Not so much the champion of plentiful features
Synchronous multiplayer games have long had a love-hate relationship with mobile. While the bulk of successful mobile multiplayer titles have been turn-based, occasional games (such as Solstice Arena) have managed to break free from those confines and find success. Champs: Battlegrounds is the newest game to break free from the turn-based mobile gameplay and offer both real-time multiplayer and a fresh take on the tactical RPG genre.
Champs: Battlegrounds will feel familiar to those who have played Final Fantasy Tactics or similar RPGs. The premise is much the same: two teams battle each other on a gridded battlefield. Players tap on their characters and tell them to move, attack, or use abilities. When a character takes too much damage, it dies and the other team scores a point. The first team to score a set number of points wins. The point-based formula leads to some traits not found in similar games, such as characters respawning a few seconds after their death.
The biggest unique quirk to Champs: Battlegrounds is that the entire game runs in real-time. Instead of having time to carefully plan and execute a strategy, players are forced to jump in head-first and think on the go. Each character is accompanied by two bars: a health gauge and an energy gauge. The health bar is nothing out of the ordinary, but energy helps set the flow of a match. Every time a character moves, attacks, or uses an ability, it consumes a set amount of energy. Energy is constantly recharging, but it’s slow enough where players need to consider the ramifications of each action.
Team building is a major part of Champs: Battlegrounds. Each team has six characters, and after the game’s tutorials, players have access to three basic classes. As players play and earn Battle Points (or purchase Quark Points), new classes will become available. Each class is assigned a tier ranking. Weaker characters are in Tier I, but they’re also much cheaper. Stronger and more expensive characters fall into Tier II, but there’s currently a cap on how many Tier II characters are allowed on a multiplayer team. There’s no hard limit on how many of each class can be on a team, but for multiples to be active, that class much be purchased numerous times. This feels like a redundancy, and can be quite frustrating.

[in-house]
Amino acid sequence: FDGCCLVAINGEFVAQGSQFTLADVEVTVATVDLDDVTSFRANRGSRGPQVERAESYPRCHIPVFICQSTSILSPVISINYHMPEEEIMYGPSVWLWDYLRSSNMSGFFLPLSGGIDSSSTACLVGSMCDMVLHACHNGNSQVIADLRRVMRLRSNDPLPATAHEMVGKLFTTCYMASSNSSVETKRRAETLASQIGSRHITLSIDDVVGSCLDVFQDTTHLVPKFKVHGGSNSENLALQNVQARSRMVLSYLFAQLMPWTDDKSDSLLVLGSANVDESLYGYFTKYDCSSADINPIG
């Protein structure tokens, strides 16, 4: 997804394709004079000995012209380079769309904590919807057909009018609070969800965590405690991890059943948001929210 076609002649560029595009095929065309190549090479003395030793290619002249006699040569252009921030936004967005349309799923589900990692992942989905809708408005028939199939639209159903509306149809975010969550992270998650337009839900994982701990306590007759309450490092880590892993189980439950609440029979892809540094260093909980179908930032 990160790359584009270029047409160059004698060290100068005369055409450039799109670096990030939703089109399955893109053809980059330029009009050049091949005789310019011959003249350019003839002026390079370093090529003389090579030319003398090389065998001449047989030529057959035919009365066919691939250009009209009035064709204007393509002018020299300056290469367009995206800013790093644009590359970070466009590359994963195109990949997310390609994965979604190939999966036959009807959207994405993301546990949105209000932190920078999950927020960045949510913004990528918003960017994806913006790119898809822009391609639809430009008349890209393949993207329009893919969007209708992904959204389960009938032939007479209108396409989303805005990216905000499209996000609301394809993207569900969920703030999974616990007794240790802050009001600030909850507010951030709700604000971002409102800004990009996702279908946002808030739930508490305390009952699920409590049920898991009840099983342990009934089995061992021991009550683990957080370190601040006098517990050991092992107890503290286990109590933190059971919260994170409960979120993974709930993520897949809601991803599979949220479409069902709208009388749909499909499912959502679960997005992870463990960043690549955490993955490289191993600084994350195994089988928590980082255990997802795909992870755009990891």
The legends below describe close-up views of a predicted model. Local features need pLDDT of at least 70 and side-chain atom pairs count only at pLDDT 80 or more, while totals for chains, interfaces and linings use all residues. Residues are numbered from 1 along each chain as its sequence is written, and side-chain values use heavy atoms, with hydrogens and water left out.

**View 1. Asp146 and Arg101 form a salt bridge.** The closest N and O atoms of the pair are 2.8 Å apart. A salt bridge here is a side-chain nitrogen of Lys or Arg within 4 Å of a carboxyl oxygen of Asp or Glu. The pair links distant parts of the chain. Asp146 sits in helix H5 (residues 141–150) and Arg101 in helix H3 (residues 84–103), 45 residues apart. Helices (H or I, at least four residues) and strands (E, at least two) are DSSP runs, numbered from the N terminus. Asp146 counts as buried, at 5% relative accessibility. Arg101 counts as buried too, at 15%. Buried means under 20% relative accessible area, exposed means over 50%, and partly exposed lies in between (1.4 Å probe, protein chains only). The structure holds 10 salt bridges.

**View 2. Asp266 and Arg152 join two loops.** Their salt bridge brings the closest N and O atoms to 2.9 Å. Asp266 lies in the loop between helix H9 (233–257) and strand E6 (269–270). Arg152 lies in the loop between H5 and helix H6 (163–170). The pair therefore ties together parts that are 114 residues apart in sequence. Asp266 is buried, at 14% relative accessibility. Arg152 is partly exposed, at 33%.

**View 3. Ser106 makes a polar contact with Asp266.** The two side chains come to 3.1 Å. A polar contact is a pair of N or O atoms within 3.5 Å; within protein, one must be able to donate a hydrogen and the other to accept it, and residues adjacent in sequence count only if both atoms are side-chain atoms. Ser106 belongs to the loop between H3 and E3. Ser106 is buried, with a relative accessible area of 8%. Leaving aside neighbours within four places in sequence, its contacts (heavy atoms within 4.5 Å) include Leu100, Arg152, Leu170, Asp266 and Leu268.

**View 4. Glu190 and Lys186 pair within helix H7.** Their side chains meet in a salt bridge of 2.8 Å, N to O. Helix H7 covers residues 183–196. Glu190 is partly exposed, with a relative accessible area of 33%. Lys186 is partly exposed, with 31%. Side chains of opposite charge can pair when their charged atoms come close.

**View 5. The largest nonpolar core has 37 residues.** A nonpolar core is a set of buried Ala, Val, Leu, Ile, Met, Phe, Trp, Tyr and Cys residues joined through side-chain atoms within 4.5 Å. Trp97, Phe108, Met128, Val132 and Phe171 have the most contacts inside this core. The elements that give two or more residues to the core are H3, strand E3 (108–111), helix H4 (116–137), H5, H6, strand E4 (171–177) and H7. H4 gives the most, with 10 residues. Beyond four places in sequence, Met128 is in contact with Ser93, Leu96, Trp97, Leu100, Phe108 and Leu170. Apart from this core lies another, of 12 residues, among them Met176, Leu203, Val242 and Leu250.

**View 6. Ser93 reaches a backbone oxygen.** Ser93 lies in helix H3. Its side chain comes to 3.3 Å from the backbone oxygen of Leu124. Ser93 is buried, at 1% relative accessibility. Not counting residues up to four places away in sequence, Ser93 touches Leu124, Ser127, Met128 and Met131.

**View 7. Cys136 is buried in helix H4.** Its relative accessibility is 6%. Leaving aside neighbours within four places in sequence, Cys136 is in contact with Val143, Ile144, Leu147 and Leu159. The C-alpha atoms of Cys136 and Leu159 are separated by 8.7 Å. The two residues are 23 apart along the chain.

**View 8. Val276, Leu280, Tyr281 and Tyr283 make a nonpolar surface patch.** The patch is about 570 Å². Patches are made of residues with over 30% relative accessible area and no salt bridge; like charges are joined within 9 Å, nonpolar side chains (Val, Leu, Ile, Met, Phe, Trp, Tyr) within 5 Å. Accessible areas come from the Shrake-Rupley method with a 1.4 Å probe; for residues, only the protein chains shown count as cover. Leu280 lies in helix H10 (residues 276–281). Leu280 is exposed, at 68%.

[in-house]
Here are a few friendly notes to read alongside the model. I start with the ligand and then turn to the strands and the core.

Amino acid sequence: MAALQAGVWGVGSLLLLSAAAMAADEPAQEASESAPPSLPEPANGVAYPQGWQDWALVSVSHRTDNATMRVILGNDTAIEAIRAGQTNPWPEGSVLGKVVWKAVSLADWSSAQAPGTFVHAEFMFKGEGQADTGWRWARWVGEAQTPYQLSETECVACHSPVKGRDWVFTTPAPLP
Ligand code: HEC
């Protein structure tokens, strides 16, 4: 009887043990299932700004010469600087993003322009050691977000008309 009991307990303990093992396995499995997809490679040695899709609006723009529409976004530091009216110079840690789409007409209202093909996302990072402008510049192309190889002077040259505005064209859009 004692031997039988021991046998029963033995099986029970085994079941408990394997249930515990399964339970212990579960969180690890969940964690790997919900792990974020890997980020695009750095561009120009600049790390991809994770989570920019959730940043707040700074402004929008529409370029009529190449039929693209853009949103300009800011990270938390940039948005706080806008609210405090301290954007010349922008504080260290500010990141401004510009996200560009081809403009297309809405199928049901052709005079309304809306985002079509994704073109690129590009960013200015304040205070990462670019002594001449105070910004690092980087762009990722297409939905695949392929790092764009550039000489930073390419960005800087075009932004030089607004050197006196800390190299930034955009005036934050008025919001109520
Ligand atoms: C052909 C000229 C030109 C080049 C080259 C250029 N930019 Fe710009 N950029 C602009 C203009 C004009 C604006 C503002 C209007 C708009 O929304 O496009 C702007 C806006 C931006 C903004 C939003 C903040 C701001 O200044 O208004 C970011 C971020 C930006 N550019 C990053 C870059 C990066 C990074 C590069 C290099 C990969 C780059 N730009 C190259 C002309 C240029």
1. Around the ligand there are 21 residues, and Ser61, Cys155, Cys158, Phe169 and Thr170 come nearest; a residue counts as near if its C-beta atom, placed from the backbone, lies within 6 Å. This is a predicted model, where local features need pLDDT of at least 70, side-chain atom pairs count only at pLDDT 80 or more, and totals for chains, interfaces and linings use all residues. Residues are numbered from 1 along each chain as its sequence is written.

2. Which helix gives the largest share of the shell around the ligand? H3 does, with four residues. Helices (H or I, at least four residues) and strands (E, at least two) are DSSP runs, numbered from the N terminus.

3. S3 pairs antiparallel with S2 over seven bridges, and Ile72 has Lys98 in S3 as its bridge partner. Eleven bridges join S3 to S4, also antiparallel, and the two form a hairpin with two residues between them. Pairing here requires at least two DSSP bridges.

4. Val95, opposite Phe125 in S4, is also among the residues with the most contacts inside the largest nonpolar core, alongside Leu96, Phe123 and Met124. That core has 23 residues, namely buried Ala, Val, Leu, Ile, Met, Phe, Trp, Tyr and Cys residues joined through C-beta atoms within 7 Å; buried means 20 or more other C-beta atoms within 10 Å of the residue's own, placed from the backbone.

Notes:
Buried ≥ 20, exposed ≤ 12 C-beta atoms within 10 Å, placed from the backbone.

Offline play is a nice way to slowly build an army. There are 30 levels available, ranging wildly in difficulty. There’s not much of a storyline that goes along with the levels, so their best use is to learn the gameplay, become familiar with different classes, and use points to build the army. There’s not much depth to the single player offerings. Players can replay levels at any time to earn more points and improve their rank, but the single player experience gets old, fast.
On the other hand, the online multiplayer is very well executed. Using the currently-set army, finding a match is as simple as pressing a button and waiting to be connected. Once in a match, both teams will face off in a first-to-ten battle. There’s no ranking system or leaderboards, so the only real reward for matches are the Battle Points earned. That said, the online matches work wonderfully. The ten-point cap can make for long matches in certain situations, and the real-time gameplay requires players to hang around for all of it. Online matches are mostly fun, but can be occasionally on the tedious side.
Champs: Battlegrounds is a very straightforward game that does a lot right, so it’s hard to pinpoint it’s biggest issues. All things considered, the game has a problem with motivation. While unlocking new classes is fun, and some matches are filled with constant action, the game offers little reason to put in a ton of time. That’s not to say what’s present isn’t good. Champs: Battlegrounds is an excellent game with a fun premise. Unfortunately, the lack of a storyline and multiplayer rankings is a combination that ultimately hurts the experience. There’s no reason to not try Champs: Battlegrounds, as most players will find enjoyment, but how long that joy lasts is the biggest question.